A year ago, my husband and I hit a crisis point in our marriage. After more than 20 years together, we had lost sight of what our priorities were when it came to our relationship. Years of hurt feelings and resentment had culminated in a blowout argument that resulted in me uttering words I never expected to come out of my mouth. “I want a divorce” was the reason we found ourselves sitting in a therapist’s office a week after our disastrous conversation.
While I knew I loved my husband, my anger and hurt feelings led me to believe that we were beyond repair. We’d lost our way somewhere between midnight feedings and braces, and I wasn’t sure we could put our marriage back in order. And though I was willing to take the steps necessary to try to heal our hearts, I knew one thing for sure: I was not about to pay money to criticize each other’s faults in front of a stranger. We could do that at home for free.
But hand in hand, we took steps toward more open communication and finding respect for one another. With the help of our therapist, we were able to talk openly about our feelings without reproach, and for the first time in a long time, we were honest about how we made each other feel on a day-to-day basis. And it was eye-opening, humbling, and at times, refreshing.
Though our issues did not stem from infidelity, we’ve both come to realize there were four other men crowding us out in our marriage. These four men were pushing us away from each other, and each had bad habits and actions that put us on a collision course for marital disaster.
I’m talking about the Four Horsemen, as described by the Gottman Institute.
According to the Gottman Institute, the Four Horsemen are a biblical reference often used to describe impending apocalypse or disaster. While they traditionally represent conquest, war, hunger, and death, Clinical Psychologist John Gottman draws the analogy that there are Four Horsemen concepts that can indicate a troubled marriage as well. In his analogy, the marital Four Horsemen are criticism, contempt, defensiveness, and stonewalling.
And each of those Four Horsemen was a once-unwanted guest in our everyday interactions with each other.
Gottman says there’s a vast difference between a complaint and criticism. A complaint is a statement about a specific issue where criticism is an outright attack on your partner. In therapy, my husband and I learned to make statements like, “I was hurt that you went for a run without me because I thought we agreed to do that together” rather than “You only think about yourself.” While it sounds simple, learning to complain and not criticize is key to the long-term health of your relationship.
I call this the “Pissing Contest” Horseman. When we display contempt, we are openly being mean or disrespectful to our partners. For my husband and me, we became adept at one-upping each other when it came to describing our bad days at work or daily trials with kids. More often than not, I found myself listing the ways his day wasn’t as hard as mine because he got to head off to an office job without the distraction of kids during his workday. Contempt slowly invades your everyday communication until all that’s left are hurt feelings and resentment. “Contempt is the single biggest predictor of divorce and it must be eliminated,” says Gottman.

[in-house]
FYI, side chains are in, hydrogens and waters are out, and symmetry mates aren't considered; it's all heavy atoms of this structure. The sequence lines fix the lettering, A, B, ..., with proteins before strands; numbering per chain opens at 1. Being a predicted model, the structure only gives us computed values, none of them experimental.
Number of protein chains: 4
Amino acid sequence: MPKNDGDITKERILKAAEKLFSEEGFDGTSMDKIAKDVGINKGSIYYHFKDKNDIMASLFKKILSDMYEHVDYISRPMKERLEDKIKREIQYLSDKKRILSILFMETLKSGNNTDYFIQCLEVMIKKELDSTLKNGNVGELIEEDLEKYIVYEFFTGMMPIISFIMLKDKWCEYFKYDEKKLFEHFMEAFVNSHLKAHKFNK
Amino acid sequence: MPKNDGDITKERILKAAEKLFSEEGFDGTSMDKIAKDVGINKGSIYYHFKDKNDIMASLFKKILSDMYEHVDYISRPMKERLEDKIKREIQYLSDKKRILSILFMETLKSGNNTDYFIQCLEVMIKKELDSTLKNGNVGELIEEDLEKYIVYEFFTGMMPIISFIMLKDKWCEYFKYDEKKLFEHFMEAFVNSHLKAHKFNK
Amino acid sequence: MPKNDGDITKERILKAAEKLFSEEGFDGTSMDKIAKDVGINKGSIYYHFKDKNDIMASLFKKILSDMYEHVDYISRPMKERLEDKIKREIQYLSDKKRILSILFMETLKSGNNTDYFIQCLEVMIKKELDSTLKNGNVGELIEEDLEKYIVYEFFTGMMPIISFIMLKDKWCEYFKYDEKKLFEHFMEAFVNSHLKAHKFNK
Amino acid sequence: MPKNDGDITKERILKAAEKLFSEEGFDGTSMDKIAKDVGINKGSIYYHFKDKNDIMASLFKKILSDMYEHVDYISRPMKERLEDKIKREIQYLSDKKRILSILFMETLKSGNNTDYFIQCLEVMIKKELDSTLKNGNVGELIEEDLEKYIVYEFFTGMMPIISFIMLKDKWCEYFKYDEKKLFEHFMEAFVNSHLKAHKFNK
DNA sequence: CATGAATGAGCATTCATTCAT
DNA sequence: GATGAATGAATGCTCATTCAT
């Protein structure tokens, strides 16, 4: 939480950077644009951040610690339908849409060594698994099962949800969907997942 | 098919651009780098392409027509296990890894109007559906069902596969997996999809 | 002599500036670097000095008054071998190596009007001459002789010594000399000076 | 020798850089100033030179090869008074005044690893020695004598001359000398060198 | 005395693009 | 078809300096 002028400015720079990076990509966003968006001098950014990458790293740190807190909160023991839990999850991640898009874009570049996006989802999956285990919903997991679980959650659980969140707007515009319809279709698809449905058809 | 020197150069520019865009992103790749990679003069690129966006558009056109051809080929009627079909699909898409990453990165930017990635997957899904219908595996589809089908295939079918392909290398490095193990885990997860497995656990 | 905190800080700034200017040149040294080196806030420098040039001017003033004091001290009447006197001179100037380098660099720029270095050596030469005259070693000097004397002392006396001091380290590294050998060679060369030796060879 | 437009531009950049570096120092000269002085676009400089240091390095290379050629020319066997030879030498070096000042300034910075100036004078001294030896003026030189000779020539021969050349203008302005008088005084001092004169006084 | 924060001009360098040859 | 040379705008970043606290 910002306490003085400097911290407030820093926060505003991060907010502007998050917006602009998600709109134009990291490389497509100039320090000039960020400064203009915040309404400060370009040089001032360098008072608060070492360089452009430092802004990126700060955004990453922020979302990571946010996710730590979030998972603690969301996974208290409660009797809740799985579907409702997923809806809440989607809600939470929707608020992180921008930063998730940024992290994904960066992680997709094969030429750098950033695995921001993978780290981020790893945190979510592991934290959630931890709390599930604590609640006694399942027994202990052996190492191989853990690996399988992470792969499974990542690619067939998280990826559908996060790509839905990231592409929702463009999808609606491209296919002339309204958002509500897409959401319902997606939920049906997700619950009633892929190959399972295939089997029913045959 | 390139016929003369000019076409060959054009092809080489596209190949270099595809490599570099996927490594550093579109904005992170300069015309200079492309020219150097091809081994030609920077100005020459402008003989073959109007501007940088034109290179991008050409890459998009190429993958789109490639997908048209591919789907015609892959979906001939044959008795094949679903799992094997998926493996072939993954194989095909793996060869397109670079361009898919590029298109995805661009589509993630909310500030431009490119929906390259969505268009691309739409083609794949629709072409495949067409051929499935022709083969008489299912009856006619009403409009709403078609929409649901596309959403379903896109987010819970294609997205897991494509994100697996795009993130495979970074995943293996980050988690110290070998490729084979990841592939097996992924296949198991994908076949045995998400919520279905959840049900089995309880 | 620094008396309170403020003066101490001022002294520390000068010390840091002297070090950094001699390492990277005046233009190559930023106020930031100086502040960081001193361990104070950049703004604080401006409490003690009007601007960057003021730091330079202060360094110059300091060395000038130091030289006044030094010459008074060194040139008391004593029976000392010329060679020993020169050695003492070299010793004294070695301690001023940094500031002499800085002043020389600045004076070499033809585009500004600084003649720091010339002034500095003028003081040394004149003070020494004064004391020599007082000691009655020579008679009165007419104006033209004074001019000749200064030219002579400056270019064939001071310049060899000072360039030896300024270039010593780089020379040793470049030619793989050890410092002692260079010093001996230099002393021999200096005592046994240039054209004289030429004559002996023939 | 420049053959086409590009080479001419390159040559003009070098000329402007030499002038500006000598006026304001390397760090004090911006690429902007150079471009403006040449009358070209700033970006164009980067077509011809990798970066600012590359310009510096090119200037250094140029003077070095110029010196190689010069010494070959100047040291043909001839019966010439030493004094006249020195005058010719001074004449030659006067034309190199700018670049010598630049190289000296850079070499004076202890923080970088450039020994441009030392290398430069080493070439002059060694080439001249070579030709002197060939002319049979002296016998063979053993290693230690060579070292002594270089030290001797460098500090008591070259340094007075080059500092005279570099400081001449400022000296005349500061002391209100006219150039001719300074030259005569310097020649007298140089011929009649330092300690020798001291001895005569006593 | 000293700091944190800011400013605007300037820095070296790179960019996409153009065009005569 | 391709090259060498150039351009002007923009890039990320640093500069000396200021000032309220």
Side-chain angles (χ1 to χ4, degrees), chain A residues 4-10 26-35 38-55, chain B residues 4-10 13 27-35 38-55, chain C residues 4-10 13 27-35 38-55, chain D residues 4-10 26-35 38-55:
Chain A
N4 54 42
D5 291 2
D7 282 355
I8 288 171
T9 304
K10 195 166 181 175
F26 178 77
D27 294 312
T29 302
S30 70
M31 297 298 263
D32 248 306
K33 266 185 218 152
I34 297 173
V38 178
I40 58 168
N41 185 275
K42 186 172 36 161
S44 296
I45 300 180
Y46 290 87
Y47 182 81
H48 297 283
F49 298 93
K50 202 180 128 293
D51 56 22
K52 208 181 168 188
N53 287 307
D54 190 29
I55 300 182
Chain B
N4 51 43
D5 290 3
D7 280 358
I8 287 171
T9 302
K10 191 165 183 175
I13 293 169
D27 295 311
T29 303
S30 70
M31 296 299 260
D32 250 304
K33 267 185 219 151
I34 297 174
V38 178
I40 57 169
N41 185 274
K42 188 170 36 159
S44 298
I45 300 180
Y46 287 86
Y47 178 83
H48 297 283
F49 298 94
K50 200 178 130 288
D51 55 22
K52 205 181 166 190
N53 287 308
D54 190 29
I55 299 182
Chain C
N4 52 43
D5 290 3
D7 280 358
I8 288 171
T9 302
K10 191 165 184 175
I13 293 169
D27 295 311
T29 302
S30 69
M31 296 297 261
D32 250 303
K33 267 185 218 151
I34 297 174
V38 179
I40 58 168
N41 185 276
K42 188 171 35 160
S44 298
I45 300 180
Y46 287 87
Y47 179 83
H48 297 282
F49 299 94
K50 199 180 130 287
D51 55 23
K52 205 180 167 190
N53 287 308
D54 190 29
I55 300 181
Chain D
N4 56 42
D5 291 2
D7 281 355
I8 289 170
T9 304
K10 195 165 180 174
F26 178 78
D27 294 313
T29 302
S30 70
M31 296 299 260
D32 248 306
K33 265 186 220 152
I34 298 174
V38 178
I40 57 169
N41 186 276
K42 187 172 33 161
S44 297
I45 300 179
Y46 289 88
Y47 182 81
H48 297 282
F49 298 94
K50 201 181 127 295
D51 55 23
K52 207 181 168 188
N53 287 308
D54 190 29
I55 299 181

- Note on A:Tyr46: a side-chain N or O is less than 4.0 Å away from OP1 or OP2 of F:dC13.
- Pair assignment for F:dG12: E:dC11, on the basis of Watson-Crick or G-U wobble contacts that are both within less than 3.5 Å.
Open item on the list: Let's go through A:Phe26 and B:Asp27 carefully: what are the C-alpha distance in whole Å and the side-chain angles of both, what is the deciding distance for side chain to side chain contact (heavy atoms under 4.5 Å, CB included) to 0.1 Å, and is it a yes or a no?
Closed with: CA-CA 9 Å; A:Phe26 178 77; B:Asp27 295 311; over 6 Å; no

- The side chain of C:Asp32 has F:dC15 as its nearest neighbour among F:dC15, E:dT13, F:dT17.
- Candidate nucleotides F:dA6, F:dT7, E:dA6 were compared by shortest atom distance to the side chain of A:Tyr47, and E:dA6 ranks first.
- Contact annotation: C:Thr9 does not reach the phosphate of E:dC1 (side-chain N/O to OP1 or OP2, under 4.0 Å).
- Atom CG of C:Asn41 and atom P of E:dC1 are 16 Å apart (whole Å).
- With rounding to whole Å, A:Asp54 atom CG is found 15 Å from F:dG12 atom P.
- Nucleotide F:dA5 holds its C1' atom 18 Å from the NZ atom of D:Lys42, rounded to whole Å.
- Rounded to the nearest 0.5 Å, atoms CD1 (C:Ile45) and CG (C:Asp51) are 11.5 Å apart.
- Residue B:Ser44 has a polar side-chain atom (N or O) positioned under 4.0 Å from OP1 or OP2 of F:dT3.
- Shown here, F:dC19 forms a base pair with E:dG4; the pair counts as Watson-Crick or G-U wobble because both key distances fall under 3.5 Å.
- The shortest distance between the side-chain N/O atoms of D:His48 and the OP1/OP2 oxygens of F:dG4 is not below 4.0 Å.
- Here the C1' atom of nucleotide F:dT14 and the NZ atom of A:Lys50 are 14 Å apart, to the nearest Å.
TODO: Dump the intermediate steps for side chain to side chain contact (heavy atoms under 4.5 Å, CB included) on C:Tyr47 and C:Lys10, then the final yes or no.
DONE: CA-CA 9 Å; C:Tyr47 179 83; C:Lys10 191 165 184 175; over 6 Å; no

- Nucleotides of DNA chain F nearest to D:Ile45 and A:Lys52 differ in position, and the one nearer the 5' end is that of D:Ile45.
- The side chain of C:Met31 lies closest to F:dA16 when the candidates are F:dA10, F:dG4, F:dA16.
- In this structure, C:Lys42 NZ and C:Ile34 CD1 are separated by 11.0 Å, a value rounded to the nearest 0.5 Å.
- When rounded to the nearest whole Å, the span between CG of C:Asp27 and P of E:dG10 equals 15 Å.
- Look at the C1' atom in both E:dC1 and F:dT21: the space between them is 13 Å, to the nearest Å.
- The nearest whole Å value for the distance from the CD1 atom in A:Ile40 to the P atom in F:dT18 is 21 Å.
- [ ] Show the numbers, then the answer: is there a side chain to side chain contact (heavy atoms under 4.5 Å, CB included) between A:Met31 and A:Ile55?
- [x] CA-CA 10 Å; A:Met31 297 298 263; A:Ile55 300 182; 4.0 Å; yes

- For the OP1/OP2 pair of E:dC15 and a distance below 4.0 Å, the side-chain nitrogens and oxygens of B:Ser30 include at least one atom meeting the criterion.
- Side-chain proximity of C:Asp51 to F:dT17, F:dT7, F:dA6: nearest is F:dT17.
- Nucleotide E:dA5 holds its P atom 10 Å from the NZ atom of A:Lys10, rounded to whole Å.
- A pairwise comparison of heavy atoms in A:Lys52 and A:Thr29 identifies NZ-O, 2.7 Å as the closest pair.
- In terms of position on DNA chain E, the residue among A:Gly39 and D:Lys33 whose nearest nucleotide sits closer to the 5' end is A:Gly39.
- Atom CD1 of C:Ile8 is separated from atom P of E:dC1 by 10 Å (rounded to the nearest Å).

This Horseman is pretty self-explanatory. When we are hurt or feel attacked, we come out swinging with excuses or hurtful words to protect ourselves. But excuses only serve to make our partners feel that we aren’t taking their requests or feelings to heart. And in short, defensiveness passes the blame for your actions to your partner. Thus, nothing is ever resolved. This has been the hardest Horseman to kick out of our marriage and learning to phrase our feelings so that we both feel valued has not been easy. We are still working on it.
How many times have you engrossed yourself in your phone to avoid a difficult conversation with your spouse? Or given your spouse the silent treatment when they tried to engage you in a conversation? That’s stonewalling, and it is the Horseman that shows up after the other three have been around for a while. Tuning your spouse out is a habit that can prove very hard to break. And the continued act of stonewalling, or avoiding the truth in your marriage, is the biggest barrier to real communication between couples. It can be hard, especially when there is hurt to work through, but bringing that wall down is crucial.
Therapy saved our marriage, and while we are better than we were last year, we both know that effective communication takes hard work and practice. There are times that communicating properly feels foreign and almost unnatural but we are finding that employing what we’ve learned in therapy is producing great returns.
And therapy is helping us kick the Four Horsemen out of our marriage for good.
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